What's the source of that? I think it's just a question of being in an environment where you're living fear. And you're so uncertain of yourself and what's happening, that you lose your ability to communicate your story clearly. It's got to be such a difficult place to be.
I mean, just always doubting, and not knowing what solid ground. You mentioned in the book that it's critical that we don't use the abuse word too often, because it does wield a lot of concern. And, you know, it makes people around you kind of cautious. Right.
So what, how do you manage that? Well, one is we just want to be really precise in what's happening. So if I'm sitting with a woman, the word abuse is, it's a big word, but I need to find out what's actually happening in the marriage. And abuse is not really a helpful word for that. So I'm going to drill down and try to find out, is there cruelty?
Is there manipulation? Are there harsh words? Is there physical intimidation? So I want to describe what's happening in the home. And when I think about it, I want to walk away from the situation, not understanding the content of the argument, but I want to know as a screenplay, what was it like to be in that room? Were his fists clenched?
Did he undermine you and your parenting? What exact words were said? So we're actually collecting a lot of data on a lot of adjectives and a lot of verbs to fill out what's happening. I think these are great insights on how to be well, self aware, obviously, in your marriage for all of us. But again, particularly for men to understand where they're coming from in the relationship and how they're behaving in the relationship. But when it comes to friends, which the book is really geared to assuming you're in a healthy place, and how do you observe abuse around you? How should you respond? If a friend comes to you and begins to describe an abusive environment? It would be completely natural to feel unequipped and overwhelmed, overwhelmed, right? Because I'm afraid to use the word abuse, right?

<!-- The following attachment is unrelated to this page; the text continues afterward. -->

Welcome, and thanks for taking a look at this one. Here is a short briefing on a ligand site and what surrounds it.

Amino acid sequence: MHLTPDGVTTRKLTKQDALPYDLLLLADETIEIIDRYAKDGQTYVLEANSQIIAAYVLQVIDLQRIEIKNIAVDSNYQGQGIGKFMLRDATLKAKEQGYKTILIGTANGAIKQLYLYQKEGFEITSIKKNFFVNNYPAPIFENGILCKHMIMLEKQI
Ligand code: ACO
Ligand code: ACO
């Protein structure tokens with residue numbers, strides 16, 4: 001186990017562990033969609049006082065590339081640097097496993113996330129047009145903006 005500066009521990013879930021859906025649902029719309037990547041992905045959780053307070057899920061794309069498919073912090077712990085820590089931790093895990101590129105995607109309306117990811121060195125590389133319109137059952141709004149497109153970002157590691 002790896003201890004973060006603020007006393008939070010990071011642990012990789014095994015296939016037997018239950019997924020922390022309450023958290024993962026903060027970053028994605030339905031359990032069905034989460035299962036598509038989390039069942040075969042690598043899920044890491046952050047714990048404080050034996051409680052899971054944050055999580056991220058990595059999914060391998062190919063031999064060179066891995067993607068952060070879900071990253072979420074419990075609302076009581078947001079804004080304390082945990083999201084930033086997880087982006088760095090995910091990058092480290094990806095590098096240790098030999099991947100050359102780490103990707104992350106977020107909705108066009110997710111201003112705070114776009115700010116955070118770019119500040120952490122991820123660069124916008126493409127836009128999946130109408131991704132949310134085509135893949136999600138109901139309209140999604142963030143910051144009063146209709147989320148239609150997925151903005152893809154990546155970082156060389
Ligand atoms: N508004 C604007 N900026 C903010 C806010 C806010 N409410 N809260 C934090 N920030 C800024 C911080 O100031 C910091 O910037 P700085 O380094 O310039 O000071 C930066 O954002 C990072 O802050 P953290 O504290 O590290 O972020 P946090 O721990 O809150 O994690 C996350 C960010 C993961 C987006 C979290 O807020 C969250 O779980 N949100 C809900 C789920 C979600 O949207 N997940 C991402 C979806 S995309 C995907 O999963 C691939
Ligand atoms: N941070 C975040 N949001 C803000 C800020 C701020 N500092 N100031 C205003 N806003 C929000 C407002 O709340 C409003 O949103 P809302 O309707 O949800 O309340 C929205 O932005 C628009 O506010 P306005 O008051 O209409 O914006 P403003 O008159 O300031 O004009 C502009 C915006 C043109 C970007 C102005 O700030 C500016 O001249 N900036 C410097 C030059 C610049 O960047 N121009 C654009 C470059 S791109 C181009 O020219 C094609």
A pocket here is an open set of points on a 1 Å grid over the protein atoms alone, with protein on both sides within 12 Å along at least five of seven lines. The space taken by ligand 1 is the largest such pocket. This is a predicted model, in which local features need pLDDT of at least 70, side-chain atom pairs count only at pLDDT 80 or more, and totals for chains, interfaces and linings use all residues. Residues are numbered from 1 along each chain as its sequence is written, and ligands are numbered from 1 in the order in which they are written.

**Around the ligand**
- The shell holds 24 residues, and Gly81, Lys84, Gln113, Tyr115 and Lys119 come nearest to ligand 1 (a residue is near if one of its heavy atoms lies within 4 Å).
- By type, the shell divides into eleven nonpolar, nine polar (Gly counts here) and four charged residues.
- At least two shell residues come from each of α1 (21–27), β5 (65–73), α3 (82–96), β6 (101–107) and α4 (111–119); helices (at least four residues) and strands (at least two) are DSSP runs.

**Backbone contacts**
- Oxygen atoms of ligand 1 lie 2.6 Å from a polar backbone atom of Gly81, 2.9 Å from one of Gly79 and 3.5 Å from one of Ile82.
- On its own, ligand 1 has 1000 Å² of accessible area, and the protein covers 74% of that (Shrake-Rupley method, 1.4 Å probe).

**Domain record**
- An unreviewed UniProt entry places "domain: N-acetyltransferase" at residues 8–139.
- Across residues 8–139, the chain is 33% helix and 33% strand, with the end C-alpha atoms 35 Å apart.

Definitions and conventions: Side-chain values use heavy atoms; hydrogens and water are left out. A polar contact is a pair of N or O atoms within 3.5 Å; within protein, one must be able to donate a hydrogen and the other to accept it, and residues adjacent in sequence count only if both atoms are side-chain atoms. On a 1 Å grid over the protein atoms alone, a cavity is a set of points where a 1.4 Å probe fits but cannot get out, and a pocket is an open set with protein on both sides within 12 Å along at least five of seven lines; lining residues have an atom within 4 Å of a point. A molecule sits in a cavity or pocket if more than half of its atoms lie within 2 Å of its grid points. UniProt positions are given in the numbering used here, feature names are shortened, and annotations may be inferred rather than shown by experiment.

If someone comes to me as a friend, I don't want to put that huge label on it. So I think I'm just thinking of experiences where you have to know the go button. This is the go button, right? When you hear certain things, and you need to help that person get to a safe place.
What are those go signals for you, right? So one is when you're first in a relationship with someone and you're exploring the abuse, you're just going really slow. And it's okay that it's taking you some time to figure out if it's abuse, right? It's okay if it takes months right off until people helpers, we can't solve oppression.
Women are even slow in the steps that they want to take. So it's okay to go slow and be patient and work at a victim's pace. There's another just other reality that abuse can escalate and become really dangerous.
And it can be lethal. So if you're hearing things that you know, someone's being strangled, or pinned down or certain acts of violation, then we start to think this person is in danger. And I might need to be advocating for them more quickly. But again, we can't tell a woman to leave until she's ready because that puts her in more danger as well. So when we're starting to worry about her physical danger, then we want to be consulting like the domestic violence hotline or experts and people in our area to help you walk through that when you sense it.
And again, I want to make sure people clearly hear that, you know, focus can do some things to help you in that situation, but you've got to contact us. And we can provide caring Christian counseling to give you some direction and certainly provide you some biblically based approaches to finding help. Let's say an abusive spouse repents in front of the church. It sounds like your church has done this and your pastor is certainly in tune with these things. These are such basic behavioral issues. How do you verify that a person that a spouse, a friend of yours spouse is actually in a better place? I mean that it sounds a little almost invasive, you know, to do that, but you're doing it as a friend. Yeah.